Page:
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Dev Psychobiol. 2012 Jan;54(1):77-91. doi: 10.1002/dev.20579. Epub 2011 Jun 17.

Neurodevelopmental MRI brain templates for children from 2 weeks to 4 years of age.

Author information

1
Department of Psychology, University of South Carolina, Columbia, SC, USA.

Erratum in

  • Dev Psychobiol. 2012 May;54(4):474.

Abstract

Spatial normalization and segmentation of pediatric brain magnetic resonance images (MRI) data with adult templates may impose biases and limitations in pediatric neuroimaging work. To remedy this issue, we created a single database made up of a series of pediatric, age-specific MRI average brain templates. These average, age-specific templates were constructed from brain scans of individual children obtained from two sources: (1) the NIH MRI Study of Normal Brain Development and (2) MRIs from University of South Carolina's McCausland Brain Imaging Center. Participants included young children enrolled at ages ranging from 8 days through 4.3 years of age. A total of 13 age group cohorts spanning the developmental progression from birth through 4.3 years of age were used to construct age-specific MRI brain templates (2 weeks, 3, 4.5, 6, 7.5, 9, 12, 15, 18 months, 2, 2.5, 3, 4 years). Widely used processing programs (FSL, SPM, and ANTS) extracted the brain and constructed average templates separately for 1.5T and 3T MRI volumes. The resulting age-specific, average templates showed clear changes in head and brain size across ages and between males and females, as well as changes in regional brain structural characteristics (e.g., myelin development). This average brain template database is available via our website (http://jerlab.psych.sc.edu/neurodevelopmentalmridatabase) for use by other researchers. Use of these age-specific, average pediatric brain templates by the research community will enhance our ability to gain a clearer understanding of the early postnatal development of the human brain in health and in disease.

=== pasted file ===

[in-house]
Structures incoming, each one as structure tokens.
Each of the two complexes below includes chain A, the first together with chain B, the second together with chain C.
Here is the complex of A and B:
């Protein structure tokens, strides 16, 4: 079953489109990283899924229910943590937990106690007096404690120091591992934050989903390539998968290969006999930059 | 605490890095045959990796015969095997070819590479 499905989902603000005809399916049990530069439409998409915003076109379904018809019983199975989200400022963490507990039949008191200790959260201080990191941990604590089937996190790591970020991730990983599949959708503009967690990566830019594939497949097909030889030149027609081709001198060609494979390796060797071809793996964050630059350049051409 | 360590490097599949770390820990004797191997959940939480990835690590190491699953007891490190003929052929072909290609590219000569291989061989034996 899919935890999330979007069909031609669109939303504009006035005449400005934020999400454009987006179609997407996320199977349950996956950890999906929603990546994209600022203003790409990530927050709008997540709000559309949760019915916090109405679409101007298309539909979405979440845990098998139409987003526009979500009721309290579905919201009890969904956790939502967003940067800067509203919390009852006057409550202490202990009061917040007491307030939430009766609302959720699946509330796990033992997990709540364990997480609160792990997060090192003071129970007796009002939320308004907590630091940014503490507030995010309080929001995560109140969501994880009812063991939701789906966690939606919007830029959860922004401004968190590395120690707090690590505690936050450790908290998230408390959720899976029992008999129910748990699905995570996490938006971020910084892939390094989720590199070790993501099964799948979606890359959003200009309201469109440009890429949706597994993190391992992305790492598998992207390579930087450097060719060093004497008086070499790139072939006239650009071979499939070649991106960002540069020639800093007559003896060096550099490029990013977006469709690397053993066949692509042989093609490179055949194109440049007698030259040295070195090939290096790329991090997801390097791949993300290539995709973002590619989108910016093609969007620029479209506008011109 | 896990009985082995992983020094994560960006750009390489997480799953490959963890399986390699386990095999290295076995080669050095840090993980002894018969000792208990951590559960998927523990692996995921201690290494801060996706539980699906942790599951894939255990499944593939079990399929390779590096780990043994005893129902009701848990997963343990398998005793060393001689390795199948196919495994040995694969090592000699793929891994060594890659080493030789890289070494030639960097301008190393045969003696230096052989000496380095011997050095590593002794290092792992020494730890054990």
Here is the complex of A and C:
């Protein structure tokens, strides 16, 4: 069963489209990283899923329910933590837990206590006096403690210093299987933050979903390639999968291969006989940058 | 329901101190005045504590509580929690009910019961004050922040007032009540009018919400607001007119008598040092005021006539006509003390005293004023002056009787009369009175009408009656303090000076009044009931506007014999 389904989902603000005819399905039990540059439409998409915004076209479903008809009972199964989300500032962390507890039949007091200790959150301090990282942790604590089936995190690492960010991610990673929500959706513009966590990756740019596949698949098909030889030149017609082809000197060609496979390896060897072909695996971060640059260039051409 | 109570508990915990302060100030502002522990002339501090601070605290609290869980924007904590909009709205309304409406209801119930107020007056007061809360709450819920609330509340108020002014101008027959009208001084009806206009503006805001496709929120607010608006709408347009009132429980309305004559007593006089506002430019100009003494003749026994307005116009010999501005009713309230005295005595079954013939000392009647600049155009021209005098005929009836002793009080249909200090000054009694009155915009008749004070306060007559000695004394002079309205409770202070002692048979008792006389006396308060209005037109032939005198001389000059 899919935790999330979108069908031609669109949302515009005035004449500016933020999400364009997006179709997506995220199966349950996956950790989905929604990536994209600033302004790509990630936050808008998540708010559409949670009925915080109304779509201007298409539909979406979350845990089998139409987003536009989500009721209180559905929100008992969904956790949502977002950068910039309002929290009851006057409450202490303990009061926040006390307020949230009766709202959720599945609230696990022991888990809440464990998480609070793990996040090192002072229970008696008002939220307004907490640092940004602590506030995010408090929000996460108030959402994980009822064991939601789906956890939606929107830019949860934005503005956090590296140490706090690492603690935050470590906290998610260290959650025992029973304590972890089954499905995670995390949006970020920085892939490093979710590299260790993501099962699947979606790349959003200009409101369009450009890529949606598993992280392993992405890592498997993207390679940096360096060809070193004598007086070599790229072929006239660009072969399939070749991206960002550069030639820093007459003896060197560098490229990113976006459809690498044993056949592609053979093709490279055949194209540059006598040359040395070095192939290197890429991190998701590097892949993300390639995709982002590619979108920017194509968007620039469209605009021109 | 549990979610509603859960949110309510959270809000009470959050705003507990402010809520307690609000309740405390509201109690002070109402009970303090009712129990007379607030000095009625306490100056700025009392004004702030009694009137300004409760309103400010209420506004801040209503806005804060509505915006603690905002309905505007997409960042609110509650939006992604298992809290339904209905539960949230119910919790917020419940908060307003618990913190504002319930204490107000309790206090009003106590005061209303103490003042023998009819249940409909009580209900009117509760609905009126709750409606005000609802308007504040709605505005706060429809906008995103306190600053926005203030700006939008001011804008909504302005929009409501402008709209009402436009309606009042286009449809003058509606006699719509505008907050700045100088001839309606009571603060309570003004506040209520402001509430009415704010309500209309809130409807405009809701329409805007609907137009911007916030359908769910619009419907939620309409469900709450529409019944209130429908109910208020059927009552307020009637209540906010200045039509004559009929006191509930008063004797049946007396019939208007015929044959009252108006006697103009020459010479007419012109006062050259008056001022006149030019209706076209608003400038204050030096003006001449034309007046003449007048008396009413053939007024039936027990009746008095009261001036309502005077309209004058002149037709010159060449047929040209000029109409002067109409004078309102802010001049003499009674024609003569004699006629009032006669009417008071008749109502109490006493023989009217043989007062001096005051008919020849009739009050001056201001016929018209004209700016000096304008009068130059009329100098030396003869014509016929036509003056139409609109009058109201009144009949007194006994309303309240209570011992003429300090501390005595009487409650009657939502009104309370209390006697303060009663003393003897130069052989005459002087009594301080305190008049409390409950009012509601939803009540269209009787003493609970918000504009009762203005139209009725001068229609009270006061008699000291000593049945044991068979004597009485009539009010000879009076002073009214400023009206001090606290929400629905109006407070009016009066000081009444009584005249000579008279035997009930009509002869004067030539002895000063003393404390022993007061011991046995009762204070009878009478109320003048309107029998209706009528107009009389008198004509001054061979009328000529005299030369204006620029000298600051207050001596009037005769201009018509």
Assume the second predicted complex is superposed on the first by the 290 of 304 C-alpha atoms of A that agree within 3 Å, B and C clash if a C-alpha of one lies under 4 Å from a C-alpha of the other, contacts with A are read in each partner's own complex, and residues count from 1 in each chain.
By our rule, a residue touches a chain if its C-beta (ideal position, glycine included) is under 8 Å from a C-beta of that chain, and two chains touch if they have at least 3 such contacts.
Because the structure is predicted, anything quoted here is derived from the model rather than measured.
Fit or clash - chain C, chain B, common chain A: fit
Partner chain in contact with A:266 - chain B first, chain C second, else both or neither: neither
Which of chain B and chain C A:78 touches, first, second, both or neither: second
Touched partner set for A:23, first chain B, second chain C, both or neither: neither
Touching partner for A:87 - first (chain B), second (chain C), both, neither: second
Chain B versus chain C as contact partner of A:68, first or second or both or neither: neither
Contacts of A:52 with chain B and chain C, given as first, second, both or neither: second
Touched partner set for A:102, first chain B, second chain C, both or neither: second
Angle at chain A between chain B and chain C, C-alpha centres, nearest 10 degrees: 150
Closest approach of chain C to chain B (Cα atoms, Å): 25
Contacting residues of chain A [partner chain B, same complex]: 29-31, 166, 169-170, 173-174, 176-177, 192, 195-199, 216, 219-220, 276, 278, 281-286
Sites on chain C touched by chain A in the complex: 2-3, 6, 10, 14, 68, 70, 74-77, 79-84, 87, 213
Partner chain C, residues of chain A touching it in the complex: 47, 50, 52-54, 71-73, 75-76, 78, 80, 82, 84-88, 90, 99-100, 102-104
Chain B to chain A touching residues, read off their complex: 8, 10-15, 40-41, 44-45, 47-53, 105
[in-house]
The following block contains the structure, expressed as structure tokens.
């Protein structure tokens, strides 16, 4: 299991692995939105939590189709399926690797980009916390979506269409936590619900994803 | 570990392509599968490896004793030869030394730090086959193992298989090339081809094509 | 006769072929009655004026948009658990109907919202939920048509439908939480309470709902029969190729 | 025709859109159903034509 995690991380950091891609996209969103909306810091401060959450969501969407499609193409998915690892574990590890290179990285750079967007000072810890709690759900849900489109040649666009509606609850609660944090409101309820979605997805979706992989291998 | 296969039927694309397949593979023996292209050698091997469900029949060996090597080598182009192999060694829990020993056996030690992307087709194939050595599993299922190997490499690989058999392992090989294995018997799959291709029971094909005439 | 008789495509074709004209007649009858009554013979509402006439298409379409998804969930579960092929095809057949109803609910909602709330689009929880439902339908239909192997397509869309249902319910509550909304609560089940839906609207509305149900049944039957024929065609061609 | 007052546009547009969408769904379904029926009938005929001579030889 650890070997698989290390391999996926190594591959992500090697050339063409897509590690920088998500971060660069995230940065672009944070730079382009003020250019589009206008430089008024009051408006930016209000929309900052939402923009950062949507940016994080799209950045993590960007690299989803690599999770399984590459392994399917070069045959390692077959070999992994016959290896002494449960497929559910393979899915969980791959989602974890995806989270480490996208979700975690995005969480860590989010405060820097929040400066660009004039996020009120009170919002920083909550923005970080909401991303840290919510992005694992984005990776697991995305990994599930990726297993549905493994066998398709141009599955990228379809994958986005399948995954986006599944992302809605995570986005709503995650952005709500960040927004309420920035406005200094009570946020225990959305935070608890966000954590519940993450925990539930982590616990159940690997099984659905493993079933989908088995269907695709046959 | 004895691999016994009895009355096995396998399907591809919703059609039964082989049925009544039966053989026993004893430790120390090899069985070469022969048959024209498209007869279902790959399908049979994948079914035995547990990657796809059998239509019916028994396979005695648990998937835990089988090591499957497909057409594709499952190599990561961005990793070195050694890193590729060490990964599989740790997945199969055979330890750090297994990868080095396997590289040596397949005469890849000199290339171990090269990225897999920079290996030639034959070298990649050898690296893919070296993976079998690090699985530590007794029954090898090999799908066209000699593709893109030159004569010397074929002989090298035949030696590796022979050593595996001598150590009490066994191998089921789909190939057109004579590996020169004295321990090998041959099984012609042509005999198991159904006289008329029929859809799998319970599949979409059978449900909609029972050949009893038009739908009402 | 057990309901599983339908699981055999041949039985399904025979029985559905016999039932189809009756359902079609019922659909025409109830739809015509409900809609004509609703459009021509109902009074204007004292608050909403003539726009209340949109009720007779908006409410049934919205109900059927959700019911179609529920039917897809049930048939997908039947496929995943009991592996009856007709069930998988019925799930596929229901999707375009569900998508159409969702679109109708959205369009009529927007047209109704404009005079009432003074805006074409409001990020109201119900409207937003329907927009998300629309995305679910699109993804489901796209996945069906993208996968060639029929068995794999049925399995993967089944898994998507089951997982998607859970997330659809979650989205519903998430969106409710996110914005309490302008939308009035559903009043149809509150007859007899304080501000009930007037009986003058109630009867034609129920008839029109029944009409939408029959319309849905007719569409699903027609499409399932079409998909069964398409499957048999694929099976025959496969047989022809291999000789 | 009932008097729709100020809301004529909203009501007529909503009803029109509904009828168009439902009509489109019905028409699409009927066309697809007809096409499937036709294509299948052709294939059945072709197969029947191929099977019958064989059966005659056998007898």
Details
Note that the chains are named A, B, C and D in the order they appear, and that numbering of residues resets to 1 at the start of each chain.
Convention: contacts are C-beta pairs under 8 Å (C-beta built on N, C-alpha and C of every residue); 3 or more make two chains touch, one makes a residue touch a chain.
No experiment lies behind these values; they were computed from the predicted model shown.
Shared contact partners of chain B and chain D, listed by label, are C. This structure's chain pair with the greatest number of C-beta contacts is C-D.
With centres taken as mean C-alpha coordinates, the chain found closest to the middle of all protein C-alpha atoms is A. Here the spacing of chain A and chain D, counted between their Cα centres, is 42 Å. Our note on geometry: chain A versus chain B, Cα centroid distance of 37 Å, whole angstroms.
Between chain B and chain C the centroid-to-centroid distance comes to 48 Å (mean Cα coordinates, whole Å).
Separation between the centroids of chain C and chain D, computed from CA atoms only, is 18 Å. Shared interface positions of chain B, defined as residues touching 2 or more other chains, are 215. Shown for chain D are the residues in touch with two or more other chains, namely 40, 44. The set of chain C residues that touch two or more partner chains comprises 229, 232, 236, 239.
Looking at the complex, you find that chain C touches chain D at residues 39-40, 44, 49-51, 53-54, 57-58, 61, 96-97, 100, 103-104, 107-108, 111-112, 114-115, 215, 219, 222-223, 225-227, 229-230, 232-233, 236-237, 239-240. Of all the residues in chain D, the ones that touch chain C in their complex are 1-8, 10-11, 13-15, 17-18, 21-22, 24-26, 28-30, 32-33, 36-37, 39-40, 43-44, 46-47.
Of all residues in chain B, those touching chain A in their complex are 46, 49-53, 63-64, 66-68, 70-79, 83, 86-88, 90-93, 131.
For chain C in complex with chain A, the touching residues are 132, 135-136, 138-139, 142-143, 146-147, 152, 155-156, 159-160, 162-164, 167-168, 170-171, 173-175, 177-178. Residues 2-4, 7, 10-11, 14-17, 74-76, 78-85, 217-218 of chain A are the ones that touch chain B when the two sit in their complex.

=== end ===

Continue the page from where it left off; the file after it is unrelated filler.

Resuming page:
PMID:
21688258
PMCID:
PMC3184192
DOI:
10.1002/dev.20579
[Indexed for MEDLINE]
Free PMC Article

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